How to Identify Entry and Exit Points in Intraday Trading

Blog | F&O


Like in many other things we do, even in stock trading, well begun is half done. The profit or loss you make in a trade depends a lot on the price at which you enter the trade. Similarly, trading profit is real only when it is realised i.e. when the trade is exited. In this blog, we will discuss various ways to identify entry and exit points.

Entering a trade

Whether you trade in equity shares, futures or options, the research is usually based on the underlying stock or index. And, technical analysis is one of the preferred ways to identify entry and exit points. Technical analysis involves the study of price charts. Here are some simple ways to identify entry points in a trade.

1. Breakout

To understand breakout, let’s first learn the concept of resistance. Simply put, resistance is the level at which the stock price faces pressure on its way up. Typically, the stock price is not able to easily move above it. This happens because of the high number of sellers at that price level.


A breakout happens when the price crosses the resistance and moves above it. It indicates the strength of bulls over the bears and signals an opportunity to buy, or go long.

Breakout of Resistance

Contrast this with a breakdown of support, which creates an opportunity to go short.

Breakdown of Support

2. Pullback to support

Now, as you are aware, markets never rise in a straight line. A rise is followed by a minor correction or pullback. At times, during the pullback, the stock could come down to its support.

Support is the level at which the falling stock price sees fresh buying interest. Thus, the price is not able to easily move below it. These support lines could be horizontal or upward sloping.

Pullback to Support

The pullback to support creates an excellent buying opportunity. This is because the stock is already in an uptrend and the pullback to the support creates a possibility of a fresh up trend.

Similarly, a reversal to a resistance creates an opportunity to enter a short trade.

Reversal to Resistance

3. Open interest data

Options traders use the open interest build-up data to identify support and resistance levels, which in turn could become buying and selling zones.

For a call option, a huge open interest (OI) at a certain level indicates a possible resistance level e.g. 16,200 in the below image. In contrast, for a put option, high OI signifies a possible support level at that strike price, e.g. 16,100.

Open interest data

Exiting a trade

Just as identifying the right entry point is critical in trading, it is also important to know when to exit. Here are some of the ways to find an exit or target price.

1. Targets using price patterns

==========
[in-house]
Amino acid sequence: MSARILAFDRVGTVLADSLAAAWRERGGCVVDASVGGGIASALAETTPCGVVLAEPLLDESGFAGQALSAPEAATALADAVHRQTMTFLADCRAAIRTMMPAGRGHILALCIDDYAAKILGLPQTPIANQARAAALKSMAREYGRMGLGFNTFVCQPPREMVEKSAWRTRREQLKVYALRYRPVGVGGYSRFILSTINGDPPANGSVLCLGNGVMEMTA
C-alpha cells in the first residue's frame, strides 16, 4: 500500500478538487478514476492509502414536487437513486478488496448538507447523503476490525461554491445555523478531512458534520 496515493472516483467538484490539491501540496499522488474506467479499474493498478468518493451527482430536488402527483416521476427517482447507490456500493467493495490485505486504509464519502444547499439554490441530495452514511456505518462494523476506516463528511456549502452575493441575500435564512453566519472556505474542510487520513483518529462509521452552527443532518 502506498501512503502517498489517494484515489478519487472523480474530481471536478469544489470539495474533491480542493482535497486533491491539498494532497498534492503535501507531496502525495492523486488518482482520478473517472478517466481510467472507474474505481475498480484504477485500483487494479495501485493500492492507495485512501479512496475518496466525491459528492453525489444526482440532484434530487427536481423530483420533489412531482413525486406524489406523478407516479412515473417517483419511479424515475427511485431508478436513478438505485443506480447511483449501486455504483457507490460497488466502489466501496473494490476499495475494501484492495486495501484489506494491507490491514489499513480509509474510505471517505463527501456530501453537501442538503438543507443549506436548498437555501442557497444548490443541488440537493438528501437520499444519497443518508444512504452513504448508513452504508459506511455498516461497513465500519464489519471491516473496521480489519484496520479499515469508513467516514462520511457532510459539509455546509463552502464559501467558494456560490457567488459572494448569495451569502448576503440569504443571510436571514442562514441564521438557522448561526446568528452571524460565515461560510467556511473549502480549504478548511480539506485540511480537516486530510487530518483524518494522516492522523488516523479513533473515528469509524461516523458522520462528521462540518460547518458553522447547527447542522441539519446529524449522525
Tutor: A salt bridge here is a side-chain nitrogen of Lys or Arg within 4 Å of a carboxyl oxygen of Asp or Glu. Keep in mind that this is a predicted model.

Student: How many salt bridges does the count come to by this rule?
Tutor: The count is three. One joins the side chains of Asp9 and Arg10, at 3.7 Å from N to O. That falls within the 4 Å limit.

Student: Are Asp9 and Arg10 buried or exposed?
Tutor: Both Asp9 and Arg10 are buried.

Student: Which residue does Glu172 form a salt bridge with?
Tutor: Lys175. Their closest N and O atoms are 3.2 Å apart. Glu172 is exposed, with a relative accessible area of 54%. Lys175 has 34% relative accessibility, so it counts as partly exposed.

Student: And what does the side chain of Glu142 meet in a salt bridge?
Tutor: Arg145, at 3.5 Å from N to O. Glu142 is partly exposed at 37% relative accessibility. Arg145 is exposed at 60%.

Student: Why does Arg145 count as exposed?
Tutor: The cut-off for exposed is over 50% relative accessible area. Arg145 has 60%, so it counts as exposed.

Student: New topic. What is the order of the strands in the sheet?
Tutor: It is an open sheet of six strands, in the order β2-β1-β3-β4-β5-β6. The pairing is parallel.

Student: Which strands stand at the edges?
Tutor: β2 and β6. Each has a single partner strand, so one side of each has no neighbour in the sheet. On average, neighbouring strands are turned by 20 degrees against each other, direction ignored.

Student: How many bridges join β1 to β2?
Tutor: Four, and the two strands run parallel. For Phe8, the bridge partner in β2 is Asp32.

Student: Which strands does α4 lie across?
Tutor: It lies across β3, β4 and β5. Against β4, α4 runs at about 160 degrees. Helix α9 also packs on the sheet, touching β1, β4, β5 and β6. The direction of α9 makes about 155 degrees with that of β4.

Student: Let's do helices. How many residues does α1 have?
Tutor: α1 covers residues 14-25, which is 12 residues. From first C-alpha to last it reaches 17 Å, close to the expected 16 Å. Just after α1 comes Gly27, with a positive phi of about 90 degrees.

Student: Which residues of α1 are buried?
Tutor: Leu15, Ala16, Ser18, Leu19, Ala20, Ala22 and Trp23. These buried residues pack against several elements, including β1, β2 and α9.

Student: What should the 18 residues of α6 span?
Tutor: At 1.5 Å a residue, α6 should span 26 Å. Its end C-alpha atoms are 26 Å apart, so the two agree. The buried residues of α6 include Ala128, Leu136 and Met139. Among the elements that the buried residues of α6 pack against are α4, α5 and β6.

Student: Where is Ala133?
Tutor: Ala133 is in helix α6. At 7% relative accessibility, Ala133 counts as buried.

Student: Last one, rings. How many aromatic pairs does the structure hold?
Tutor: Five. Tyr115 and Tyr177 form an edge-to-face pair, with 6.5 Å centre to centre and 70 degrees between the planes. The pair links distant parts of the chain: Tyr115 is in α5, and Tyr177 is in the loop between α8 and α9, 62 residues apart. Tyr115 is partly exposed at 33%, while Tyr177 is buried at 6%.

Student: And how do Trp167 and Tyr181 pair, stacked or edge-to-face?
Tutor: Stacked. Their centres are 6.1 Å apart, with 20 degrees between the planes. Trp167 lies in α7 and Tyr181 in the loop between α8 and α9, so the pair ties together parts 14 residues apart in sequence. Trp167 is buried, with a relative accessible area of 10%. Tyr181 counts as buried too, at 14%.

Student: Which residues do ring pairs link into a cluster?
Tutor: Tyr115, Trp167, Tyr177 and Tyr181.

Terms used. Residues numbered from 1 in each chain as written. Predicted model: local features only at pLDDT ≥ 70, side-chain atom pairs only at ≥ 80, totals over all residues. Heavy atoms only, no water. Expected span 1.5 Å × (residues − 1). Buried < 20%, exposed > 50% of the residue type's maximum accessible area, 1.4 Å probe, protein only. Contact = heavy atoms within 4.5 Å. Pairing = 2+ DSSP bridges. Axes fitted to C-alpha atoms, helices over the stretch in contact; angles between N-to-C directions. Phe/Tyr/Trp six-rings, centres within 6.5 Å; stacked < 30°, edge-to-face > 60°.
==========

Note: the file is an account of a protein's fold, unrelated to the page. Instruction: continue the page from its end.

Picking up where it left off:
Technical price patterns such as head and shoulders, double top/bottom, flag, pennant, etc. help to find an exit price. The price targets can be calculated by measuring the height of the pattern and then adding it to (or subtracting it from) the breakout or support price.

    Head and shoulders                Double top

                    Flag                                   Pennant

2. Swing low and tops

Normally, one would think of exit price only in terms of profit targets. However, a trader must also have a plan B in place in case the trade goes wrong. You can do that by setting a ‘stop loss’. A stop loss is nothing but an advance order to exit a trade when it reaches a particular price point. This is especially helpful in limiting losses.

Most professional traders keep it simple when deciding the stop loss price. They keep their stop losses below a swing low in case of a long trade or above a swing high in a short trade. These work well because a break of the swing serves as the first indication of a change in the trend.

Swing lows as stop loss

3. Risk-to-reward ratio

Traders could also decide on a Risk-to-reward ratio (RRR) to calculate their exit price. Generally, intraday traders prefer a RRR of 1:1. Using this, the exit price can be calculated as below:
Entry price = 100
Stop loss = 95
Risk amount (Entry - Stop loss) = 5
Target (Entry + Risk) = 105

Similarly, delivery traders would prefer a higher RRR, say 1:2 or 1:3, given the risk of overnight gap-up and gap-down opening. Exit price based on a 1:3 RRR could be as below:
Entry price = 100
Stop loss = 95
Risk amount (Entry - Stop loss) = 5
Target (Entry + Risk) = 115

While these are some of the ways to identify entry and exit points, this is not an exhaustive list. Choose a method/s based on your risk appetite, past experience and comfort levels.

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